Should I Write a Series or Standalone book?

Standalone or series

Writing a book for the first time is a challenge we don’t really appreciate until we are neck-deep in the work. However, before writing those first few words, almost every new writer will consider making their story part of a book series.

This is a perfectly normal thing to consider, but it needs to be addressed fairly early on in the planning process.

But before we try to answer the question in the title, let’s take a look at the different qualities of a standalone novel, a book series, and those in between.

Standalone books

A standalone book contains one complete story arc, from start to finish. There are no loose ends, and every plot, sup-plot, and character arc is closed by the end of the book.

Writing a standalone book should be an uncomplicated process for an author.

When writing these, an author is free to plan a story from introduction to resolution without the need to project or anticipate possibilities from future storylines.

The author will only need to plan for one book, its story, and its sub-plots.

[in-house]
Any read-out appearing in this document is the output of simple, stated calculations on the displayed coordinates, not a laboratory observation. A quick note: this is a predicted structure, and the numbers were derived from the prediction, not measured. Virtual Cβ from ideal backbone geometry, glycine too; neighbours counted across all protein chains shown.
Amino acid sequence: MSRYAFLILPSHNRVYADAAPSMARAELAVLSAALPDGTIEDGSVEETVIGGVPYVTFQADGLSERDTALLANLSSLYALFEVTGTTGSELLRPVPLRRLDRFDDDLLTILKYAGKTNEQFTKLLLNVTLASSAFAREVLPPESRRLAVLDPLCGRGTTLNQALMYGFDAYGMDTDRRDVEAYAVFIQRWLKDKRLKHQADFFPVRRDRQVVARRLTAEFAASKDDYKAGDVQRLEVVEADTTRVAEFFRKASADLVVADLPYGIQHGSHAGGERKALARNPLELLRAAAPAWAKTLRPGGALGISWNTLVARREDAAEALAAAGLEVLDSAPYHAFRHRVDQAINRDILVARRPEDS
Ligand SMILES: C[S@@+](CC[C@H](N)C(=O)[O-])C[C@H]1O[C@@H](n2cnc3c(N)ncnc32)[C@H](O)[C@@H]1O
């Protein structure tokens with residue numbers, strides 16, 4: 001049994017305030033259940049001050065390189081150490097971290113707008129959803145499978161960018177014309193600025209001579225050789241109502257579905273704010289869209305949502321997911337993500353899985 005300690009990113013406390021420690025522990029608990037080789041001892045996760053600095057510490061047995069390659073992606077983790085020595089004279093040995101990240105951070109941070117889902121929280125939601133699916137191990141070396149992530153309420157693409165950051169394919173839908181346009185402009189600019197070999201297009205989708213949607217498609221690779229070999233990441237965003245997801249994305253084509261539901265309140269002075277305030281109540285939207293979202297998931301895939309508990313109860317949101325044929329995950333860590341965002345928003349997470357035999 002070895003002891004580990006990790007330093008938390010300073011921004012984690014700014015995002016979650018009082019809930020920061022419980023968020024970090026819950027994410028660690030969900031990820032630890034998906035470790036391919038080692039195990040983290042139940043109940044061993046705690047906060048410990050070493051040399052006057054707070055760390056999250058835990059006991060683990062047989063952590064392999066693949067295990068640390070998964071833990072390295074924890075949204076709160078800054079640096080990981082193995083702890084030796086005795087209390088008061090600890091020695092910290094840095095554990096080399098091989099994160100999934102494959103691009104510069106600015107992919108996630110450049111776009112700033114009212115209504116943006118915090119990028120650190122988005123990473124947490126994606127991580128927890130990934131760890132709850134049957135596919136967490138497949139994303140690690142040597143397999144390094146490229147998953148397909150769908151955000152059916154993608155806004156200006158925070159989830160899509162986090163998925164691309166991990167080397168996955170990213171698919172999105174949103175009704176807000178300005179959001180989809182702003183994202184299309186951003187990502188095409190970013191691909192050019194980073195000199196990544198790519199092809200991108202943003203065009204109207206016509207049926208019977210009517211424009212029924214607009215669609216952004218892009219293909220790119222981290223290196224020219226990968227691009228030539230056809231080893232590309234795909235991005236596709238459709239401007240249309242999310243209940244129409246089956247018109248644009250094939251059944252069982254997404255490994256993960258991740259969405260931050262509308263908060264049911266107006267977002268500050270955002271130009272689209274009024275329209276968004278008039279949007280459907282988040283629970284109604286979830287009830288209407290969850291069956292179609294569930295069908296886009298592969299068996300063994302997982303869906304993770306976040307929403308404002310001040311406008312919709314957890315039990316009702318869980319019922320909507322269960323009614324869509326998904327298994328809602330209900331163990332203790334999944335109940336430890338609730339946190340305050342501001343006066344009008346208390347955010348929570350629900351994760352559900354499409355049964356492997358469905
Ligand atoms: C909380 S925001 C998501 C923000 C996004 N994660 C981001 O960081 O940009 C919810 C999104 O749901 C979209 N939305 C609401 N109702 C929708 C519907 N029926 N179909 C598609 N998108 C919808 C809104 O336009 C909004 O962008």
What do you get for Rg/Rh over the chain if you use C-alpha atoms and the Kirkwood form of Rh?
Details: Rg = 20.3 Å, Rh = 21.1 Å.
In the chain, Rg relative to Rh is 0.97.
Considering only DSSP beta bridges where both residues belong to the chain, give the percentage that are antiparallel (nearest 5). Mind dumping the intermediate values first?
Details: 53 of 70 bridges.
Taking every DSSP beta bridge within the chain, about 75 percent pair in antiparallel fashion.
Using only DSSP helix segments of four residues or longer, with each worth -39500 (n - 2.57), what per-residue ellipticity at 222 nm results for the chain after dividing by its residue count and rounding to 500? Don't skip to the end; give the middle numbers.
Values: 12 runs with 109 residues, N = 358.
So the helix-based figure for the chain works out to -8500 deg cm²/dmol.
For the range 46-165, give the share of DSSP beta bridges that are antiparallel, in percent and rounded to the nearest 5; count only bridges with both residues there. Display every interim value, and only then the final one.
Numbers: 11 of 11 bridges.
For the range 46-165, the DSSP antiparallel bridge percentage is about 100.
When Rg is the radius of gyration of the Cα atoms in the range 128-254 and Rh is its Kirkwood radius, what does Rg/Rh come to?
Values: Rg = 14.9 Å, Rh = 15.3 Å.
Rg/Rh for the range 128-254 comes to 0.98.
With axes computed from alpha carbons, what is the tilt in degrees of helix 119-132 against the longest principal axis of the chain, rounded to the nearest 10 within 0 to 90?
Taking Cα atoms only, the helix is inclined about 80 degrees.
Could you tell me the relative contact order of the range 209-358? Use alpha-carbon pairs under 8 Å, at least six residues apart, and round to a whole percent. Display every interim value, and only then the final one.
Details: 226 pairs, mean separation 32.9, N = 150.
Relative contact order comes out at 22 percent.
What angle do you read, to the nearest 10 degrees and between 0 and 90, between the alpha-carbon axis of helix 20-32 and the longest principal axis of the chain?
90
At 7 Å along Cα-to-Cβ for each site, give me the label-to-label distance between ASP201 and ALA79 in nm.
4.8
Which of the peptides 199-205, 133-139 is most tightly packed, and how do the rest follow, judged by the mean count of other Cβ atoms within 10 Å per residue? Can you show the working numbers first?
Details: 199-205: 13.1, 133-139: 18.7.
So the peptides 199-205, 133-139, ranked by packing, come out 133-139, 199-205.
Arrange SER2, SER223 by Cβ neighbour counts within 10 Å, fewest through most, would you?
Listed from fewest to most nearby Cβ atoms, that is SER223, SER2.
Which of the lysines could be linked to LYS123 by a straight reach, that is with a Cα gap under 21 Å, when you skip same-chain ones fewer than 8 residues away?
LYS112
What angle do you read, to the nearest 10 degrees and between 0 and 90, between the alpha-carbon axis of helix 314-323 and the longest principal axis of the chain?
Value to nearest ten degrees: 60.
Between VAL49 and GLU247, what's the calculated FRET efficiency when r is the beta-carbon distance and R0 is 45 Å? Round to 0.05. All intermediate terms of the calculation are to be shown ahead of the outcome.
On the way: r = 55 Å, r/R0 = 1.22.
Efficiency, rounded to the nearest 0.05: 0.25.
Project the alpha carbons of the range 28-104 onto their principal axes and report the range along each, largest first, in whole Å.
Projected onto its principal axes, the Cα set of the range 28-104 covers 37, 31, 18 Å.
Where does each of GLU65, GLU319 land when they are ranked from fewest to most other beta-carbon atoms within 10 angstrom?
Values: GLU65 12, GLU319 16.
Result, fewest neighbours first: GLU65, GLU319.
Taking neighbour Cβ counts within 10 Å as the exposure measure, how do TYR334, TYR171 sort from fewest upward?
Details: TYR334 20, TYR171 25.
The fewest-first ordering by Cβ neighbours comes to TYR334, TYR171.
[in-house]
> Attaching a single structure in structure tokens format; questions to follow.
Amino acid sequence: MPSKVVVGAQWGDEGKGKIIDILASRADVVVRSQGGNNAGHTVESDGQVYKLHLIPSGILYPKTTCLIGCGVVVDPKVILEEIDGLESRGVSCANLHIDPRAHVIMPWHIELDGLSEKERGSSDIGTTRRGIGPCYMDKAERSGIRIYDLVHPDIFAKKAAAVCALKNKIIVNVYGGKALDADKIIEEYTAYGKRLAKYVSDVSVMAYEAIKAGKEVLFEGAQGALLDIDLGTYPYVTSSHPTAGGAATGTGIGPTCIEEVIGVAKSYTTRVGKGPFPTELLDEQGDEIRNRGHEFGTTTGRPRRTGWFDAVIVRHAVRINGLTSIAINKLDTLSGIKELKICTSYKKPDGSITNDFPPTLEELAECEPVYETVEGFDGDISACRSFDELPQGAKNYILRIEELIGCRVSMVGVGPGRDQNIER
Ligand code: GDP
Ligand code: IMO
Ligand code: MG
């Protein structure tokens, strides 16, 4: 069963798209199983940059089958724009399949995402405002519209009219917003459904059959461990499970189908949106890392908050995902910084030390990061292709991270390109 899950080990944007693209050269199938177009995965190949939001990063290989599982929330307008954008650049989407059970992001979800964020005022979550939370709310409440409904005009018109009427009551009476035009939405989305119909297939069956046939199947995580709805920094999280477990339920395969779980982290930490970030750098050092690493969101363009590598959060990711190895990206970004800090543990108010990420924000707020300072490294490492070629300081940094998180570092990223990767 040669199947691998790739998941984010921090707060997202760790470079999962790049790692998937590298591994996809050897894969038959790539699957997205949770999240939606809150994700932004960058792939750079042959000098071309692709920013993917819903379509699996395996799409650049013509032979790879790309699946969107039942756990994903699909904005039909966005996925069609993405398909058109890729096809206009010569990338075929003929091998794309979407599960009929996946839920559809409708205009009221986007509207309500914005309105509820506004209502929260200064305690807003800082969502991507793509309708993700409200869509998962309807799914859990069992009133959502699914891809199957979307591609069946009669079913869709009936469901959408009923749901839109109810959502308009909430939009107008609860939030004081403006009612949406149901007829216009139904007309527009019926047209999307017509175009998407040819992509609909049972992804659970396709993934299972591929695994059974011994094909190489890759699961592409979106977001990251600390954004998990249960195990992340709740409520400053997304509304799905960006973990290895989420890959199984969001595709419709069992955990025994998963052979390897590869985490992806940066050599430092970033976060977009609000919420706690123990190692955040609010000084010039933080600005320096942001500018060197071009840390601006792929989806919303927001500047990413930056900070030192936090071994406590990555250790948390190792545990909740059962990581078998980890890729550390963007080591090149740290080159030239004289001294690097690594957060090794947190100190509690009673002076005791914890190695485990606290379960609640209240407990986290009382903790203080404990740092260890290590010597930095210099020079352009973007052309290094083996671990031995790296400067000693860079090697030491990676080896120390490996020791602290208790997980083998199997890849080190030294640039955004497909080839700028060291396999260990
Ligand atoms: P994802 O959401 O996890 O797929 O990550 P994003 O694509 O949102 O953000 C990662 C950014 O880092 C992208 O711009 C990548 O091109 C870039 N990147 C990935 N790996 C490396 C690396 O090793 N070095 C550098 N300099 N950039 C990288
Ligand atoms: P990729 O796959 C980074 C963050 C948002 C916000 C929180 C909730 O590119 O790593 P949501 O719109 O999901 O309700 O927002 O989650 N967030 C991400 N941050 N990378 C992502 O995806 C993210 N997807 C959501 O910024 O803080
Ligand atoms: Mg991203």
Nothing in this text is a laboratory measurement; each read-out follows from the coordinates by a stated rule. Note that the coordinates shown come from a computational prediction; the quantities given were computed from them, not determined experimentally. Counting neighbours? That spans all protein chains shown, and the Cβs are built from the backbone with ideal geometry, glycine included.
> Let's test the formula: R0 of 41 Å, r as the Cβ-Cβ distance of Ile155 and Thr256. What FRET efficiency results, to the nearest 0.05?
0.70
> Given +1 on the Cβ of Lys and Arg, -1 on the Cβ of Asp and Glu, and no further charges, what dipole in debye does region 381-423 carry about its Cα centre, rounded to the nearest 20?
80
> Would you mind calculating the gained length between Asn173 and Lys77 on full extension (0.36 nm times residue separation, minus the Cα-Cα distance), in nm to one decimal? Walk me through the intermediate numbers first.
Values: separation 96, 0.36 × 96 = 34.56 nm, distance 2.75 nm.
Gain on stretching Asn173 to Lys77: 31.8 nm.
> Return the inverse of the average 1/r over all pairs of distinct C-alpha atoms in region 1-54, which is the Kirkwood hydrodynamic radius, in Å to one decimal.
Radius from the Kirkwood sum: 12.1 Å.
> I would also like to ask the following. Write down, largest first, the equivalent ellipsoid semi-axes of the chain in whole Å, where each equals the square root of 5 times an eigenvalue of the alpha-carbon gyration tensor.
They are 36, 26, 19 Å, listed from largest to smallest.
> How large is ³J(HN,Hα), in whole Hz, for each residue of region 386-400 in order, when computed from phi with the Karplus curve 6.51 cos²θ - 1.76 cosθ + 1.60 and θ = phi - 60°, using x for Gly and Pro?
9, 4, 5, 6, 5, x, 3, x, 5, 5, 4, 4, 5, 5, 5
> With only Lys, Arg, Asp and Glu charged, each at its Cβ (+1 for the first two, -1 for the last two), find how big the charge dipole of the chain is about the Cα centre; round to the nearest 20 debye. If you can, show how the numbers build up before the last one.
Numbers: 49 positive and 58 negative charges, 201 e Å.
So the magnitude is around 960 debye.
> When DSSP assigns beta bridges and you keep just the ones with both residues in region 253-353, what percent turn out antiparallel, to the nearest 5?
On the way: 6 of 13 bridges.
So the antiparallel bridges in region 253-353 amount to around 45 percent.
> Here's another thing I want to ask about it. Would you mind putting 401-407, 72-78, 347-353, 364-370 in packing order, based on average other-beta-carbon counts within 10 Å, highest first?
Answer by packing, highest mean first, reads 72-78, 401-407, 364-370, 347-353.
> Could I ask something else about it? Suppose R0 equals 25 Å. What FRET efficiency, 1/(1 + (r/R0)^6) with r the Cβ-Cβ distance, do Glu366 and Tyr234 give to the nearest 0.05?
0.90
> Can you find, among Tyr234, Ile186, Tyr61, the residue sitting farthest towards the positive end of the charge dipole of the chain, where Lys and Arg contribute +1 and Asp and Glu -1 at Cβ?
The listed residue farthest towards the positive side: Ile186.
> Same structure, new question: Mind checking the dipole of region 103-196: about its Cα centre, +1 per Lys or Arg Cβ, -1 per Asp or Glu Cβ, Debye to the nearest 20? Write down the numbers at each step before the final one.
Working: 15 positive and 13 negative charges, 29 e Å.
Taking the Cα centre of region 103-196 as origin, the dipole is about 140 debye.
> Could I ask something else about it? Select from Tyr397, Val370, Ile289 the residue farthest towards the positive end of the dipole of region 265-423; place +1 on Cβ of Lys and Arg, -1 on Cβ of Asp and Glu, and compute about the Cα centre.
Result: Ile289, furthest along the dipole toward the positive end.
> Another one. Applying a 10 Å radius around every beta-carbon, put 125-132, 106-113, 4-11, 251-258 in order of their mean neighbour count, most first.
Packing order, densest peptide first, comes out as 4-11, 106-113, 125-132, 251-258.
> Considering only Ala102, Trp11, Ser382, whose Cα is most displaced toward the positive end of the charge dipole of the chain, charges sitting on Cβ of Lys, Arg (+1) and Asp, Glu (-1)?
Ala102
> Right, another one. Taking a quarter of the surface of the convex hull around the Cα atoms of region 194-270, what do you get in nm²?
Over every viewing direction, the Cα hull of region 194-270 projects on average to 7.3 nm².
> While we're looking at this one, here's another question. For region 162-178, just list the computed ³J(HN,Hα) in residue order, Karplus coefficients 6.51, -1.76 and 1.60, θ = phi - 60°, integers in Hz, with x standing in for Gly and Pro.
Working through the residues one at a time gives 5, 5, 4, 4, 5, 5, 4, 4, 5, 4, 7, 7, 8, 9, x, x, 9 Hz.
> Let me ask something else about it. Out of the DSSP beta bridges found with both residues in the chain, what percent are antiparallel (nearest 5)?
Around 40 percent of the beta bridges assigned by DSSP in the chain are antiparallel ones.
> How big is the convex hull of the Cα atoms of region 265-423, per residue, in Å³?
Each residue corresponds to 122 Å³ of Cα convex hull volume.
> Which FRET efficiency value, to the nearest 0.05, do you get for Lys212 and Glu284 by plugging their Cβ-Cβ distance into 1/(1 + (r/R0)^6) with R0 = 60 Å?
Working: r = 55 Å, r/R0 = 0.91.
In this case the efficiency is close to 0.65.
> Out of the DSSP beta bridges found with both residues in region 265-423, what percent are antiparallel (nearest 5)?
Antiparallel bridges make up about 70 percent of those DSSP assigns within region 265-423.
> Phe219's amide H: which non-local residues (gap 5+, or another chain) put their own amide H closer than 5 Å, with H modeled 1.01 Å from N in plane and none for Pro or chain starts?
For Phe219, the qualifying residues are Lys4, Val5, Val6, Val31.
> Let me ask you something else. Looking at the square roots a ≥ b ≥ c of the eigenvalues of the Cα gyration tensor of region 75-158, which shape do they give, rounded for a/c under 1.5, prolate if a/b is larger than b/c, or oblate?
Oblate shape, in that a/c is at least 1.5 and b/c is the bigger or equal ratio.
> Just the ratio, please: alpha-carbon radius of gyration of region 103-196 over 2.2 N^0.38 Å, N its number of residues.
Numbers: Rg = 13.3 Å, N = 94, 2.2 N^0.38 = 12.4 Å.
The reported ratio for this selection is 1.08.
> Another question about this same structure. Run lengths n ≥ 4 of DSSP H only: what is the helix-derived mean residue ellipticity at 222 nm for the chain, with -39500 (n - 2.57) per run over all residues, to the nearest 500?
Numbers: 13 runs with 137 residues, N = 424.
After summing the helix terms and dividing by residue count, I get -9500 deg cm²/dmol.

Standalone novel
Standalone novel

In doing so, the writer can give absolute focus to every detail of that book, its narrative, characters, and everything within the pages.

This is a story in its purest form.

And when the reader consumes the last word, the story and sub-plots should be completely wrapped up.

In a standalone novel, there should never be any unresolved storylines that allude to a future book. However, that is not say that you cannot leave a question for the reader to ponder on. But it must be written right.

One of my favourite endings did this extremely well. Unfortunately, I cannot remember the book or the author (it was more than twenty years ago, and I read it during my first tour of Iraq. Needless to say, I was a bit distracted).

The book was written as a personal journal of an eighteenth century serial killer who documented his deeds. The final words were something like:

I yearn to tell you of what unfolds tonight, but I fear I could be walking to my demise. I will leave this diary here – hidden in this bookshelf. And if I am caught or killed, these will be my last words.”

In my opinion, this was well played and stuck with me for two decades (and I wish I could remember the book).

Writing a series

Writing a book series is far more complicated than writing a standalone novel.